The Bell playbook for its website blocking proposal has largely followed a familiar narrative. Much like the “Fair for Canada” campaign in 2013 that was designed to convince Canadians that keeping foreign competitors such as Verizon out of the country was in their best interest, the FairPlay Canada campaign similarly tries to make the case that a coalition of supporters want the CRTC to institute website blocking without court orders. The campaign clearly starts with Bell: they first raised the issue in September at a House of Commons committee hearing, obtained the legal opinion to support the application (it is addressed to Bell), and used a closely allied law firm to draft the application.
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The Case Against the Bell Coalition’s Website Blocking Plan: Canadians Take a Stand Against Site Blocking
The British Columbia Civil Liberties Association has filed a lawsuit against the Communications Security Establishment Canada over its surveillance practices, which it argues are unconstitutional. Statement of claim is here, press release here, and media coverage here.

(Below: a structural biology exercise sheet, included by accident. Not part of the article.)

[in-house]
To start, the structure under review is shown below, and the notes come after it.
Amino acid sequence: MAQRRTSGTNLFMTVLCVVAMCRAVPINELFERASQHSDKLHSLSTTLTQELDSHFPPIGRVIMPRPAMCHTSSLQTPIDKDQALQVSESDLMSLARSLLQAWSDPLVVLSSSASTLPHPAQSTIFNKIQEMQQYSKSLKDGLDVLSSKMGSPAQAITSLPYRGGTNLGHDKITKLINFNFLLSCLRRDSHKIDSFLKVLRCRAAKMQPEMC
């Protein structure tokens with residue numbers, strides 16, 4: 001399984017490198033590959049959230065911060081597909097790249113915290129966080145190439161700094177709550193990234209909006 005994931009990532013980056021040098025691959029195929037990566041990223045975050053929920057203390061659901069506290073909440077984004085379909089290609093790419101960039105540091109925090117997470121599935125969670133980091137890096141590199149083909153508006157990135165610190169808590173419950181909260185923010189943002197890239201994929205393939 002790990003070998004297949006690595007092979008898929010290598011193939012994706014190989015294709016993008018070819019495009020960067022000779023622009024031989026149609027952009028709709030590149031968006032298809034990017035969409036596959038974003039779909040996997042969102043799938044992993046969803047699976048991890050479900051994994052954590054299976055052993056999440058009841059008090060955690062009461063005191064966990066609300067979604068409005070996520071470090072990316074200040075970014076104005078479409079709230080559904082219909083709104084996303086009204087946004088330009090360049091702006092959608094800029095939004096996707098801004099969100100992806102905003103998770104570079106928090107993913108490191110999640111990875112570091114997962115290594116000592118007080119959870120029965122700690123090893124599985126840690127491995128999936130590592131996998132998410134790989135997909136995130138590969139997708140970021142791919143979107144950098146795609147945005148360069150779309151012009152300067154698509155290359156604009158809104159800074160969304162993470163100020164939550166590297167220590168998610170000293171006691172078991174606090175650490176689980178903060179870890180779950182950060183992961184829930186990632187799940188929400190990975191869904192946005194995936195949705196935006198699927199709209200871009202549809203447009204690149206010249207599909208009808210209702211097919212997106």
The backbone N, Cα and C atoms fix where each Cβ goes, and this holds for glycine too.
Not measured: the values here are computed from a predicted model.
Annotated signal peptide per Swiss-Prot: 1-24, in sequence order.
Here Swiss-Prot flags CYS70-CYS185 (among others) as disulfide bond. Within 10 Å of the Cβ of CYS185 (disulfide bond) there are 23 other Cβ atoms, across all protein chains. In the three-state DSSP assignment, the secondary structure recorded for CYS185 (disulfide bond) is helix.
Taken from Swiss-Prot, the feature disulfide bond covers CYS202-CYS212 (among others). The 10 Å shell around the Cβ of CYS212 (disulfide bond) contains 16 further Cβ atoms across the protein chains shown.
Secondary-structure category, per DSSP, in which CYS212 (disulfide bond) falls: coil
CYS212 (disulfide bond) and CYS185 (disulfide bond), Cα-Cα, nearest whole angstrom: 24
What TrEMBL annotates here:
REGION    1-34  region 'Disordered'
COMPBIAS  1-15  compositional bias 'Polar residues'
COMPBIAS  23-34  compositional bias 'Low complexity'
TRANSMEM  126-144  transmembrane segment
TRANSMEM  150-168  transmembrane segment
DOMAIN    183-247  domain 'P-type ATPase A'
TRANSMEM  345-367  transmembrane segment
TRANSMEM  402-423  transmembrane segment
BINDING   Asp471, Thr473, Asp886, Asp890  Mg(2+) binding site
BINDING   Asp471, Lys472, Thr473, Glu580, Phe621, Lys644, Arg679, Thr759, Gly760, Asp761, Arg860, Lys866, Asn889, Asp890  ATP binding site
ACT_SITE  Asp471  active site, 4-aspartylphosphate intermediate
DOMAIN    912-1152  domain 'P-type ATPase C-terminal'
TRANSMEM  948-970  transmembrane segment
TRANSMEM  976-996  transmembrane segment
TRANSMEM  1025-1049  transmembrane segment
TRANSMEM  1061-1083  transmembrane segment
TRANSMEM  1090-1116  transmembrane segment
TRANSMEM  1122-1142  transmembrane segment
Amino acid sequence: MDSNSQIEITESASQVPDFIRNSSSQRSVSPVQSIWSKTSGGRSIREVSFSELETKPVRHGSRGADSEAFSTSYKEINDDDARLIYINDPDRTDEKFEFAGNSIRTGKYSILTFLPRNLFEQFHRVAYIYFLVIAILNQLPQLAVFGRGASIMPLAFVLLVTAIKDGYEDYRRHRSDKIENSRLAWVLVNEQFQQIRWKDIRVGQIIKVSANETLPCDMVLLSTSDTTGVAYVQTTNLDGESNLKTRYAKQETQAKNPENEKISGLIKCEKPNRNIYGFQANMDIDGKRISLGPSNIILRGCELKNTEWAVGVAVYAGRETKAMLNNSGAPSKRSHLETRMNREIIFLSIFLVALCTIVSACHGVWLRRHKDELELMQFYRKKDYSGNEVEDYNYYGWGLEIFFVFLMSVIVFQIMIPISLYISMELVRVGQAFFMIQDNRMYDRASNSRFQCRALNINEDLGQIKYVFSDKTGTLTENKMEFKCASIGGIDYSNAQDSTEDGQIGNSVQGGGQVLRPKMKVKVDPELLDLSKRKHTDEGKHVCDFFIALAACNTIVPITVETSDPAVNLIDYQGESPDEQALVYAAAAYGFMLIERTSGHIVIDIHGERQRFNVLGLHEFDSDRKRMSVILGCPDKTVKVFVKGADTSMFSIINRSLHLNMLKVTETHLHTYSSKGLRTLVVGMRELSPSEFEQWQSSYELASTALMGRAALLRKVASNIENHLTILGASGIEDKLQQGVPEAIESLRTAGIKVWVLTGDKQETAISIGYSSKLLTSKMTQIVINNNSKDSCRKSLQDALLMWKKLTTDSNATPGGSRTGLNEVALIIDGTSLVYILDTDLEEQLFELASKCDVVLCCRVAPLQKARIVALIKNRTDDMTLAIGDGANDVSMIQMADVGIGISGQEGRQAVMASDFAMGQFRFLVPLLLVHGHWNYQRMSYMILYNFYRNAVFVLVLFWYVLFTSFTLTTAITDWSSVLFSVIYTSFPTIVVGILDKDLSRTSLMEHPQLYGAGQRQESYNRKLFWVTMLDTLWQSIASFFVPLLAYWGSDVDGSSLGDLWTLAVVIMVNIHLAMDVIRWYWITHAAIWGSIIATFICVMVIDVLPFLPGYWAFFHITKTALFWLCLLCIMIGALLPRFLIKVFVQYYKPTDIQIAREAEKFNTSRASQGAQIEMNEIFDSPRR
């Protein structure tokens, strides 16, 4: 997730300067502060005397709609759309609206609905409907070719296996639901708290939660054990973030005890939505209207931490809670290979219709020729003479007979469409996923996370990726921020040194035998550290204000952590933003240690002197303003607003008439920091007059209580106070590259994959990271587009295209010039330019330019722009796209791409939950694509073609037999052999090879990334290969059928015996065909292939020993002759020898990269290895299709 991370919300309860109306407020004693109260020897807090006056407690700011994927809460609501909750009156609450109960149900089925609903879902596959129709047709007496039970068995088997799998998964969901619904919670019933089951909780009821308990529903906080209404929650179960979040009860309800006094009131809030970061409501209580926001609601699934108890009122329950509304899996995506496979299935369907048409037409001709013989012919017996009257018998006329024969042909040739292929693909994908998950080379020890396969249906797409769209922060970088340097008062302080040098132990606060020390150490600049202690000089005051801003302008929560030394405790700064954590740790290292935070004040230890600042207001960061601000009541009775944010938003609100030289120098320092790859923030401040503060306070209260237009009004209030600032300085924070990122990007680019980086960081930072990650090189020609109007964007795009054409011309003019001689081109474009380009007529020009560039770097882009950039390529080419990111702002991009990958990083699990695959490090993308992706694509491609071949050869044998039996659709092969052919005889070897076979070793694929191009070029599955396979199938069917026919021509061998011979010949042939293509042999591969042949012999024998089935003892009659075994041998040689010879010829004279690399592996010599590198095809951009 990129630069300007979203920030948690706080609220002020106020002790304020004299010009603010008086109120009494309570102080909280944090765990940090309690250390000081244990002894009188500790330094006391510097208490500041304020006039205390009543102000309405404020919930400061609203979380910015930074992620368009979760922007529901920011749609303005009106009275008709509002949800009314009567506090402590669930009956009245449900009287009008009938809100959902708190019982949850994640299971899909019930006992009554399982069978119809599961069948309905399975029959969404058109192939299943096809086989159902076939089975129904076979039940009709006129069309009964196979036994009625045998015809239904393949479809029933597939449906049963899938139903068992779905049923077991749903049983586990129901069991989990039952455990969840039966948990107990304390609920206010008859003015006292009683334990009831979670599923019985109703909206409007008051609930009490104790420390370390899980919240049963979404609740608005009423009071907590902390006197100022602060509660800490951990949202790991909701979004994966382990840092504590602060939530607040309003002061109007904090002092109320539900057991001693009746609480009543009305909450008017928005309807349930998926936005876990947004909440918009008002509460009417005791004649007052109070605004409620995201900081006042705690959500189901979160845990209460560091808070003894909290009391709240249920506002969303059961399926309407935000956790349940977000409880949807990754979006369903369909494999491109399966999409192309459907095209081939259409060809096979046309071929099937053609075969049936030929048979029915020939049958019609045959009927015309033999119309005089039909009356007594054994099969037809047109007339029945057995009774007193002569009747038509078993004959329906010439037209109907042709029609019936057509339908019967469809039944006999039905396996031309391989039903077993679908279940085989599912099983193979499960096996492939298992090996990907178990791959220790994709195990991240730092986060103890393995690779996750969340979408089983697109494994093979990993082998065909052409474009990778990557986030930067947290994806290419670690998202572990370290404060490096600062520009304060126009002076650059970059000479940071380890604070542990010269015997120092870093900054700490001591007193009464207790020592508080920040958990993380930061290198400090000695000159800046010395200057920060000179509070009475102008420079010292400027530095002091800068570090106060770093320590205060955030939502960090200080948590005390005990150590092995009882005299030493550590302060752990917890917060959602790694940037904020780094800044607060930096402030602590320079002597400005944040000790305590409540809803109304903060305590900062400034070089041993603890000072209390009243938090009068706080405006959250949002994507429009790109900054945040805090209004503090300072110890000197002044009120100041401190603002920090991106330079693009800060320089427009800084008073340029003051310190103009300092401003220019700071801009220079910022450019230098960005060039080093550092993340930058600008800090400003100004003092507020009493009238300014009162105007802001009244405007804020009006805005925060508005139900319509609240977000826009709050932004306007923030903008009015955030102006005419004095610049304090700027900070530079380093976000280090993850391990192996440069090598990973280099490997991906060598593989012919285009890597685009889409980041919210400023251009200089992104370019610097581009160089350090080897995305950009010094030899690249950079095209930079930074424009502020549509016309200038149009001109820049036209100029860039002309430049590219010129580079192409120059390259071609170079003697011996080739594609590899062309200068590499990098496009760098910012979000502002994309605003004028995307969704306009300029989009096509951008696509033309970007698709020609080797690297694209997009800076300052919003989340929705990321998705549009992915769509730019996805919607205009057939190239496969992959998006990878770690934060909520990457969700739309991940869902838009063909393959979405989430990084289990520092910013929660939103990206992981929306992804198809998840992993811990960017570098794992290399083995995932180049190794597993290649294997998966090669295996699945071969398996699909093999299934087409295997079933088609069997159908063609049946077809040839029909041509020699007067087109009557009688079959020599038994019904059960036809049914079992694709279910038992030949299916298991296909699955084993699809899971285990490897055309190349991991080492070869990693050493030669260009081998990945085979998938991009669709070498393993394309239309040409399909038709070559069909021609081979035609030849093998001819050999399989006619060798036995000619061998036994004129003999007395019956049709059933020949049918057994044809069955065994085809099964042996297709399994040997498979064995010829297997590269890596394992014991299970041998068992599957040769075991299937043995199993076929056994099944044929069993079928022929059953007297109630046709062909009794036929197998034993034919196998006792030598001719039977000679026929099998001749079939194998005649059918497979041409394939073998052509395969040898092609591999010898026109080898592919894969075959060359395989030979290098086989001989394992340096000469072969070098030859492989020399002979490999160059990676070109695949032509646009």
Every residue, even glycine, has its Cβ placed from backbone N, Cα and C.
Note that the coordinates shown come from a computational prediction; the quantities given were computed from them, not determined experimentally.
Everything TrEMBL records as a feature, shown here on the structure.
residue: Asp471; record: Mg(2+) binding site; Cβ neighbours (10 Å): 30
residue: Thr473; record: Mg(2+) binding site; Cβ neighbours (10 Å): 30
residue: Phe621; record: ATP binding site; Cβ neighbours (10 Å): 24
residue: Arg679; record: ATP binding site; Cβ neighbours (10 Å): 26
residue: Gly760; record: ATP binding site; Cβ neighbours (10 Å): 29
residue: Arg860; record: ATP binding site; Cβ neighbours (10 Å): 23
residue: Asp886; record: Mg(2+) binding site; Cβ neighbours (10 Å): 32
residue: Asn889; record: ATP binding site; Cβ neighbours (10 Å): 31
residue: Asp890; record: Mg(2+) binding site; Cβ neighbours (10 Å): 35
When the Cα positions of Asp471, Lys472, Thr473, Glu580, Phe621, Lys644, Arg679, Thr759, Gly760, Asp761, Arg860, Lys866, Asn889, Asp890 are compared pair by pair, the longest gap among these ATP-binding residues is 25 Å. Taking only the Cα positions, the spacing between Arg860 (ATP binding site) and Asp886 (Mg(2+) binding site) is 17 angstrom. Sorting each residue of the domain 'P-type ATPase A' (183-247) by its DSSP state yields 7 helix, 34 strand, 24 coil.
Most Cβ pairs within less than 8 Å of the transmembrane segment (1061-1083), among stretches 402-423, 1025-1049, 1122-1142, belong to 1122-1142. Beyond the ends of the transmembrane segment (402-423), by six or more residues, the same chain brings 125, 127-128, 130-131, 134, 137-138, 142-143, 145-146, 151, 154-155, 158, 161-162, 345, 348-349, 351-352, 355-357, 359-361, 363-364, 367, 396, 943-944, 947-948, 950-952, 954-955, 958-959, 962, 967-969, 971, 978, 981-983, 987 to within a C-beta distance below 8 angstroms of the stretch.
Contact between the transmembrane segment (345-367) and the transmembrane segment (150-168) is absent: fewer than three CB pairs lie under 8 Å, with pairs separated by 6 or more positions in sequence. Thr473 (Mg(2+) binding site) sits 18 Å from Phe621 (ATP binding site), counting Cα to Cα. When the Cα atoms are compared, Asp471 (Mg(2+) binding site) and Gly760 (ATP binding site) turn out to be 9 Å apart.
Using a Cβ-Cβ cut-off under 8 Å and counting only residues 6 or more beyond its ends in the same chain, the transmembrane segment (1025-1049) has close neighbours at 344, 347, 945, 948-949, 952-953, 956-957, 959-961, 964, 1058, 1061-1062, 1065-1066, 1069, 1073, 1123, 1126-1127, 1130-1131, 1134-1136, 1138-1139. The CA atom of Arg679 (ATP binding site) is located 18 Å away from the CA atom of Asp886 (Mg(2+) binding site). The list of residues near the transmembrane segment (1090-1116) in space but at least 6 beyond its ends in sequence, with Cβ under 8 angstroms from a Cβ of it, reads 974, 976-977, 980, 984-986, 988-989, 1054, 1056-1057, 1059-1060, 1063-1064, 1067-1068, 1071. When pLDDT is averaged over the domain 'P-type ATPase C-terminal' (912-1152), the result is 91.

OpenMedia has an interesting post that takes a close look at the claim that the large Canadian geography is responsible for high cell phone prices. The post notes that coverage actually focuses on as little as 20 percent of the country.
Open Media has launched a campaign to encourage Canadians to speak out before Monday’s Bill C-11 meeting. The group makes it easy to speak out against SOPA style reforms, harms to fair dealing, and unduly restrictive digital lock rules. Postmedia’s Sarah Schmidt covers the upcoming amendments here.